“May you live in interesting times” is a curse somewhere on the Discworld. But Terry Pratchett has always done his best to let us live inside his interesting stories. Though, they were much more than merely interesting.
I came to Terry Pratchett relatively late. I had heard of the Discworld novels, but hadn’t read any of them until a co-worker in my job in New Zealand recommended them to me. He read them during his lunch breaks every day. I read my books alongside him and eventually we started to talk about the books we were reading.
Finally I researched the Discworld novels to figure out what the reading order was and simply started with the first one. I’ve read every book that had been available at the time, the latest one being “Wintersmith”. It took me about 10 months to read them all, one after the other.
Sufficient to say that I fell in love with the whole lot. I love the witches, the night watch and the unseen university wizards, especially later in the series. My favourite characters are undoubtedly Granny Weathwax and Tiffany Aching.
When I started reading Terry Pratchett, he had already been diagnosed with early-onset Alzheimer’s; his rare form of PCA (posterior cortical atrophy) affecting parts in the back of the brain rather badly by shrivelling and shrinking it.
After finishing all his Discworld novels, I wondered how many more there could be under these circumstances. Instead of waiting for new books, I also found his other YA novels and read those. And then a new Discworld novel was published.
I was over the moon when I heard about his collaboration with Stephen Baxter.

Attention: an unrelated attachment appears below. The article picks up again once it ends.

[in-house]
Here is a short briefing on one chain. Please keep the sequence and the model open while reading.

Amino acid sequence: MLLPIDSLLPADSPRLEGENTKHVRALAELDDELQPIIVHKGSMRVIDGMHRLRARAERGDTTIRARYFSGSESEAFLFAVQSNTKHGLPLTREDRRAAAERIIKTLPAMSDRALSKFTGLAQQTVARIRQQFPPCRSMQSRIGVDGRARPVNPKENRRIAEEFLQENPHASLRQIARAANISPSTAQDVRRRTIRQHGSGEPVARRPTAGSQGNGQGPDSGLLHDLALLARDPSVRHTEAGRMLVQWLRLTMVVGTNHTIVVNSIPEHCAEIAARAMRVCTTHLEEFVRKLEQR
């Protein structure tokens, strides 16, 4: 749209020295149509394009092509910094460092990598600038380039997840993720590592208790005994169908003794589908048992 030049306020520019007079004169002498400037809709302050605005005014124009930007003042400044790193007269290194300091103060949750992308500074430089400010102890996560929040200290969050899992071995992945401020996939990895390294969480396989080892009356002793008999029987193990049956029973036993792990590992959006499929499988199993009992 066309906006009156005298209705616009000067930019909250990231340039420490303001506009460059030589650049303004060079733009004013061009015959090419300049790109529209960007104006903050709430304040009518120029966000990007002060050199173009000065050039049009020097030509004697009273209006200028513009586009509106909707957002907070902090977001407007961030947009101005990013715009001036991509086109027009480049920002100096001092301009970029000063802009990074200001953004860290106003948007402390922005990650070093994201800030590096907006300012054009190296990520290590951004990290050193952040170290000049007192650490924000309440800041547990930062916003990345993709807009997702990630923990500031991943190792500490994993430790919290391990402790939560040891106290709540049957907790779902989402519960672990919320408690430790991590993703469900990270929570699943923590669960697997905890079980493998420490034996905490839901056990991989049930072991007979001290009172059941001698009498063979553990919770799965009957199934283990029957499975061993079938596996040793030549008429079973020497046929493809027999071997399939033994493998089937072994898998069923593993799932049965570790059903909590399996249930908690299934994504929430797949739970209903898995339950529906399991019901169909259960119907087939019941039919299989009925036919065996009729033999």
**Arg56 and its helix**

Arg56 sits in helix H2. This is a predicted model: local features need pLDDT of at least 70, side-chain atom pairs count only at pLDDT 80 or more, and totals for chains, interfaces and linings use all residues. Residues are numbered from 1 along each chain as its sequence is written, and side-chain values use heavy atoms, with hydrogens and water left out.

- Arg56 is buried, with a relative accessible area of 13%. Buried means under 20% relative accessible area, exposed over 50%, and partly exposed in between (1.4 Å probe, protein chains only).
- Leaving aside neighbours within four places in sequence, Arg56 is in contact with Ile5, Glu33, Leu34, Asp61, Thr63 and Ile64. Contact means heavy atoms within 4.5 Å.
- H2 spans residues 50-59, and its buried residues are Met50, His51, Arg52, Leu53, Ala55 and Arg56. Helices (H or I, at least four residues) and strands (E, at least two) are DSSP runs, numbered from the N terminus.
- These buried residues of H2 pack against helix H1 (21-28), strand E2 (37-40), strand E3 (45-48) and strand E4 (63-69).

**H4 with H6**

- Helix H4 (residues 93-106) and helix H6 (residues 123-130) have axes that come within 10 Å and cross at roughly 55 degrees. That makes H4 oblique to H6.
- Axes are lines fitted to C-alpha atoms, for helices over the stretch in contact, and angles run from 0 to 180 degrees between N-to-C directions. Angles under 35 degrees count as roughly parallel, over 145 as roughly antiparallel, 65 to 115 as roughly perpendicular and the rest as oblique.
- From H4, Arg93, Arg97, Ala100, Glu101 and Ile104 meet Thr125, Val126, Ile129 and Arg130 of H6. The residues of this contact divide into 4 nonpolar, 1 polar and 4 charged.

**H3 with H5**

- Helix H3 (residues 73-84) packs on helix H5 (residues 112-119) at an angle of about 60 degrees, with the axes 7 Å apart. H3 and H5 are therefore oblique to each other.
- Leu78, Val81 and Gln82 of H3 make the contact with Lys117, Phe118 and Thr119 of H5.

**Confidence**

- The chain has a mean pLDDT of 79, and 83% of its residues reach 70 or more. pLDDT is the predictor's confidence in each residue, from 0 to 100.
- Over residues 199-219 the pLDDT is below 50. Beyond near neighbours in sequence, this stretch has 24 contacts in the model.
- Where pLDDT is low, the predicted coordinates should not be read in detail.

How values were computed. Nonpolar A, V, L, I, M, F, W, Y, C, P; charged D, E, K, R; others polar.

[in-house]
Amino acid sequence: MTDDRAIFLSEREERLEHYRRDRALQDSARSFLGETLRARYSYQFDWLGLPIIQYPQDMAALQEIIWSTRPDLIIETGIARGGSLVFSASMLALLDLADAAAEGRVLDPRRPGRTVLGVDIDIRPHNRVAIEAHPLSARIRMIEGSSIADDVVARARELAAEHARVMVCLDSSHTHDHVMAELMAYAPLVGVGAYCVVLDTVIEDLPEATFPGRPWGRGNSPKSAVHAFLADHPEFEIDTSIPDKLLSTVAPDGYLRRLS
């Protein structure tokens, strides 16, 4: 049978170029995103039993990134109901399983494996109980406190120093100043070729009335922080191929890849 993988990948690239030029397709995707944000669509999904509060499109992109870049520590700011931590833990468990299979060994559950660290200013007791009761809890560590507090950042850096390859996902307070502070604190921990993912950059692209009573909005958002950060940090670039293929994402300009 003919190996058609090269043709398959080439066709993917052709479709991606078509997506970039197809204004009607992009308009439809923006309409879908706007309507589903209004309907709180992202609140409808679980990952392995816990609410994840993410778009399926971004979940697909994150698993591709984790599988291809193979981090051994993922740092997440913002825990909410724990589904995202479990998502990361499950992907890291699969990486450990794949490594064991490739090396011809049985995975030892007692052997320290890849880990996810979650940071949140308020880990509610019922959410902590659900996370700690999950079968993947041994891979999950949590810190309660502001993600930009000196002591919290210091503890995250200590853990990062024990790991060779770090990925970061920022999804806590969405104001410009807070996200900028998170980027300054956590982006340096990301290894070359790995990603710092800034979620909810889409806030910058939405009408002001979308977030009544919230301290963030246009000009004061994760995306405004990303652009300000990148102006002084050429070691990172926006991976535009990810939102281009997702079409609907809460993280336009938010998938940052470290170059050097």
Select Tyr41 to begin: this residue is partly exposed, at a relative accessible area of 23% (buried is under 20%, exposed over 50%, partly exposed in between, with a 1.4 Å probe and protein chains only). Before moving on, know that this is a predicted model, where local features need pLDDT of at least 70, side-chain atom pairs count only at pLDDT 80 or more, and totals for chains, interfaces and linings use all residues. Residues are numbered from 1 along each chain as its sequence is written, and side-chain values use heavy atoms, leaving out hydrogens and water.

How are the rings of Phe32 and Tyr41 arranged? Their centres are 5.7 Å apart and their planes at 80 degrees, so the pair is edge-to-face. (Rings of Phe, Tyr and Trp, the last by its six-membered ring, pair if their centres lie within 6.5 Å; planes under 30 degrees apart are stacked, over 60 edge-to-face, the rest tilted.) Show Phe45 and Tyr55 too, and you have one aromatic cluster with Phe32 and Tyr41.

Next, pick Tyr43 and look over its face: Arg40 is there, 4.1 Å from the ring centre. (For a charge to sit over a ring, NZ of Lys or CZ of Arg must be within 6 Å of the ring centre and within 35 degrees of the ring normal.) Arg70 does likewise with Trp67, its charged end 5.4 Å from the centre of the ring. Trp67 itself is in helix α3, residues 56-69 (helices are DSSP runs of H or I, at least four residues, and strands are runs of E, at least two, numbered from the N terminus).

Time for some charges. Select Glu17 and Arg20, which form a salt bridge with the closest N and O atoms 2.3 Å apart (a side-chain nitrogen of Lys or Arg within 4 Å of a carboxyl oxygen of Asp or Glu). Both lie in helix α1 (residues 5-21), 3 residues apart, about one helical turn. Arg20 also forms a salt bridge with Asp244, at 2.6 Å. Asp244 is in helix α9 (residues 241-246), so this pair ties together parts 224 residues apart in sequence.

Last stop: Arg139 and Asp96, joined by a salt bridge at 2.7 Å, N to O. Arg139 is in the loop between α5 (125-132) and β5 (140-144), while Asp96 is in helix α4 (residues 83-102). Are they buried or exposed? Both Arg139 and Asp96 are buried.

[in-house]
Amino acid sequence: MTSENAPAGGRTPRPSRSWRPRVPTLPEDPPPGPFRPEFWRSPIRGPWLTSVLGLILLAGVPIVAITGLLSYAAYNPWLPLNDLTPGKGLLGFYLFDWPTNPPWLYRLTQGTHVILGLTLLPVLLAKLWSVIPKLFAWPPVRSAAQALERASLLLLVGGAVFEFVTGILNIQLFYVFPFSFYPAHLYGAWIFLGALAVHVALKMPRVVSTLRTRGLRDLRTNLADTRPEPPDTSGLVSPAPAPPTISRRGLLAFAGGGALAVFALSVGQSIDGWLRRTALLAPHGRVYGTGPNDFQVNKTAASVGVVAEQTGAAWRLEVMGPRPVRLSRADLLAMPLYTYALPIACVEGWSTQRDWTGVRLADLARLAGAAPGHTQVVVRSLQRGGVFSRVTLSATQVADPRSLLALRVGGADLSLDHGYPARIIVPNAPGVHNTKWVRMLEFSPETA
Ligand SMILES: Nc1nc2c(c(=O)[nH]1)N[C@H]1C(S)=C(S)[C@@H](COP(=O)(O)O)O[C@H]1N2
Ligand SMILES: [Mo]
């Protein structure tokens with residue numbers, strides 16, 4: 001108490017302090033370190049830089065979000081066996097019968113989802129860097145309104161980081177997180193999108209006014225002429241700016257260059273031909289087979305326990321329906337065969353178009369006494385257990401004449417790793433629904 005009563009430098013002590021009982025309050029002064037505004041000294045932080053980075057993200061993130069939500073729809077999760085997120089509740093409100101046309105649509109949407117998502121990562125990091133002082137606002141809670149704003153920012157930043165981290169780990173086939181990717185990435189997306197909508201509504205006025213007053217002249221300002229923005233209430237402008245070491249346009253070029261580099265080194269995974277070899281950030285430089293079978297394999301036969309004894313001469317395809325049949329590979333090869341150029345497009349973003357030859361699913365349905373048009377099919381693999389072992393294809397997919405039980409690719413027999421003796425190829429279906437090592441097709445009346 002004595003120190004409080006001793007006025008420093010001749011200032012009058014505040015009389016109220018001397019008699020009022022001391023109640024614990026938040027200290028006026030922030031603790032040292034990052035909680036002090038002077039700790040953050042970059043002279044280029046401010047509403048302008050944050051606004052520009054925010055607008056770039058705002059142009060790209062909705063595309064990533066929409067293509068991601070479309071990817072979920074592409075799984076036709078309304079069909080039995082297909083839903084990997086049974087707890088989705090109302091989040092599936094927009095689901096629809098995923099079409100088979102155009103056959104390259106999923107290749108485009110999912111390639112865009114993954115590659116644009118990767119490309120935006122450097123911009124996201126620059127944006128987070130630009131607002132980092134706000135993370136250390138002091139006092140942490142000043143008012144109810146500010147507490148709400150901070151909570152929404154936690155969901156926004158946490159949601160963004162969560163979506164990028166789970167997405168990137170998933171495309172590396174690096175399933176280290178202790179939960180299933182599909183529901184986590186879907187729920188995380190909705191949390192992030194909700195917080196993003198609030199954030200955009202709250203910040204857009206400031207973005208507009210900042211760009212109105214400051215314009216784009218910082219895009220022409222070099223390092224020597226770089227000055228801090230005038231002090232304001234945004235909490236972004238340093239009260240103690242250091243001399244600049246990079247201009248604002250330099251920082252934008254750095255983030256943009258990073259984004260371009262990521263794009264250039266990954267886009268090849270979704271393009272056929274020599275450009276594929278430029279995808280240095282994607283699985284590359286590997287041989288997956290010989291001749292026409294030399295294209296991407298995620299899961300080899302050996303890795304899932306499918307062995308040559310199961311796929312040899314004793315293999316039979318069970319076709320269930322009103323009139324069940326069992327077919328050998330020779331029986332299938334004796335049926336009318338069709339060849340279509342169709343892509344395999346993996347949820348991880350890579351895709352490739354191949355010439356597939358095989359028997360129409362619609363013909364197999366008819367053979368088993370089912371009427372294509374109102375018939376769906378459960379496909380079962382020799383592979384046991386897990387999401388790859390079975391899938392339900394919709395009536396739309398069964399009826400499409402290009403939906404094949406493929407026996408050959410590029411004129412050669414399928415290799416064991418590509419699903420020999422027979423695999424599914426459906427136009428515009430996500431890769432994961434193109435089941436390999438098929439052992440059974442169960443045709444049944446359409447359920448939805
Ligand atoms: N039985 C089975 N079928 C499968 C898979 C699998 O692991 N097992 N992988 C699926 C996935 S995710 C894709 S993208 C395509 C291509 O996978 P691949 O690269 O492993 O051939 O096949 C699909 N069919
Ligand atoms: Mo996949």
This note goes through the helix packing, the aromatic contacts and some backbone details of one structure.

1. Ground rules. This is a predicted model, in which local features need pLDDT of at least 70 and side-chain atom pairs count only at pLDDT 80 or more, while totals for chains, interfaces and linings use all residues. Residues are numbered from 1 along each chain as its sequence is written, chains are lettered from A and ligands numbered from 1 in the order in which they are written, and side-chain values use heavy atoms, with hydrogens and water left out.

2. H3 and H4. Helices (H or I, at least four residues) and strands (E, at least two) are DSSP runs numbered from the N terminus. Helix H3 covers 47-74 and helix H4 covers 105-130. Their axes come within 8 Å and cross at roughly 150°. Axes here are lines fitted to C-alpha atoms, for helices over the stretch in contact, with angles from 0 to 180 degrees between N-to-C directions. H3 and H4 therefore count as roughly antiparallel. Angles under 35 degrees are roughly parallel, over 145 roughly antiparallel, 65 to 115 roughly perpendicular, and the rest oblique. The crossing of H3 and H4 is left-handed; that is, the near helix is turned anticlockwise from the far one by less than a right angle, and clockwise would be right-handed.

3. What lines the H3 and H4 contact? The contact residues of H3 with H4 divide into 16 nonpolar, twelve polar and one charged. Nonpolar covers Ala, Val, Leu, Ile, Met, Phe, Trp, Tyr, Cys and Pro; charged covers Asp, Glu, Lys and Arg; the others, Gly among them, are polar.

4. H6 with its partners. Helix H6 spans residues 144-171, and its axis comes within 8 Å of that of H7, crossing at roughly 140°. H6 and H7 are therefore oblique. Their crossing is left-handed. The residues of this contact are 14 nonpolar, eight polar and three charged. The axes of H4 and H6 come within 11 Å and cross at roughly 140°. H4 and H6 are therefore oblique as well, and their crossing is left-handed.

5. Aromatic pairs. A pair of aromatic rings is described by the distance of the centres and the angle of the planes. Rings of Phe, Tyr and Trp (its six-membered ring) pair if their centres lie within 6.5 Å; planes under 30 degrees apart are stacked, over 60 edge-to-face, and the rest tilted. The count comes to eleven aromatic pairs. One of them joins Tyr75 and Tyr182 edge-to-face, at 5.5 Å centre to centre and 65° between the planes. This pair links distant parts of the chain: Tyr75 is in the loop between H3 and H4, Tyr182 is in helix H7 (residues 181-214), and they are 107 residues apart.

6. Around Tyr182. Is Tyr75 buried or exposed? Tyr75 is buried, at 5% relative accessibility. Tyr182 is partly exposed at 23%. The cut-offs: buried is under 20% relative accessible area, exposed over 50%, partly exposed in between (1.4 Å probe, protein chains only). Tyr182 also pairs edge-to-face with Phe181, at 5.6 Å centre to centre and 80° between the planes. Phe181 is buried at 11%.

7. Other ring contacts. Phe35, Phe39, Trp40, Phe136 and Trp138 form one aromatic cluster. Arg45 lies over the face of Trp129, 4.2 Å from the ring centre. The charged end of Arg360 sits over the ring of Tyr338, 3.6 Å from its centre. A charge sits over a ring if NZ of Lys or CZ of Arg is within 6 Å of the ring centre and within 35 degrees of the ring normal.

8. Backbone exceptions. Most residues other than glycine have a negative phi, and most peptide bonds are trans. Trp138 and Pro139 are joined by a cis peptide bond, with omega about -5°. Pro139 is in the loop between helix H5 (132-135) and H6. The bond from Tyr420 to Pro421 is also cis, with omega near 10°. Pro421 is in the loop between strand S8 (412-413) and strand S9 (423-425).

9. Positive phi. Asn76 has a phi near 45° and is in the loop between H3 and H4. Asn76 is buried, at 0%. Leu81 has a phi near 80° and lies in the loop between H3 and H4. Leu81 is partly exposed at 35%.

Terry Pratchett remained productive despite his diagnosis. And he once said that he didn’t what to do if he couldn’t write. So he kept writing.
I will have to go back to the Discworld novels soon and start rereading them. The only book I don’t much care for is “Eric”. Perhaps I’ll skip that one. But there are still a few of his books that he published in the last two years that I’ve not had a chance to read yet, so I still have some of his new material ahead of me.
But never being able to read a new Tiffany Aching novel makes me sad. Who knows if anything is left to be published posthumously. We will have to wait and see.
I wasn’t surprised to hear about Sir Terry’s passing. I think most of us have somehow been preparing ourselves for the news. But when I heard that he had indeed left this realm, I was very sad indeed. We lost a brilliant writer and a precious human being.
Yesterday I went to see “Still Alice” with Julianne Moore, which earned her the Academy Award. It was an intense film, very well done, but also a painful reminder of Terry Pratchett’s passing, though his Alzheimer’s was a rather different nature. Given by how many people are affected by Alzheimer’s it’s surprising how little the research is funded.
I know of only two ways of honouring one of my favourite writers: by donating to his Alzheimer’s fund and by continuing to write.
I write every day. I am a freelance writer. But these days I rarely write my own stuff. Even this blog hasn’t seen an update for the longest time. I need to make more time for my own stories, because I can’t become part of someone else’s story.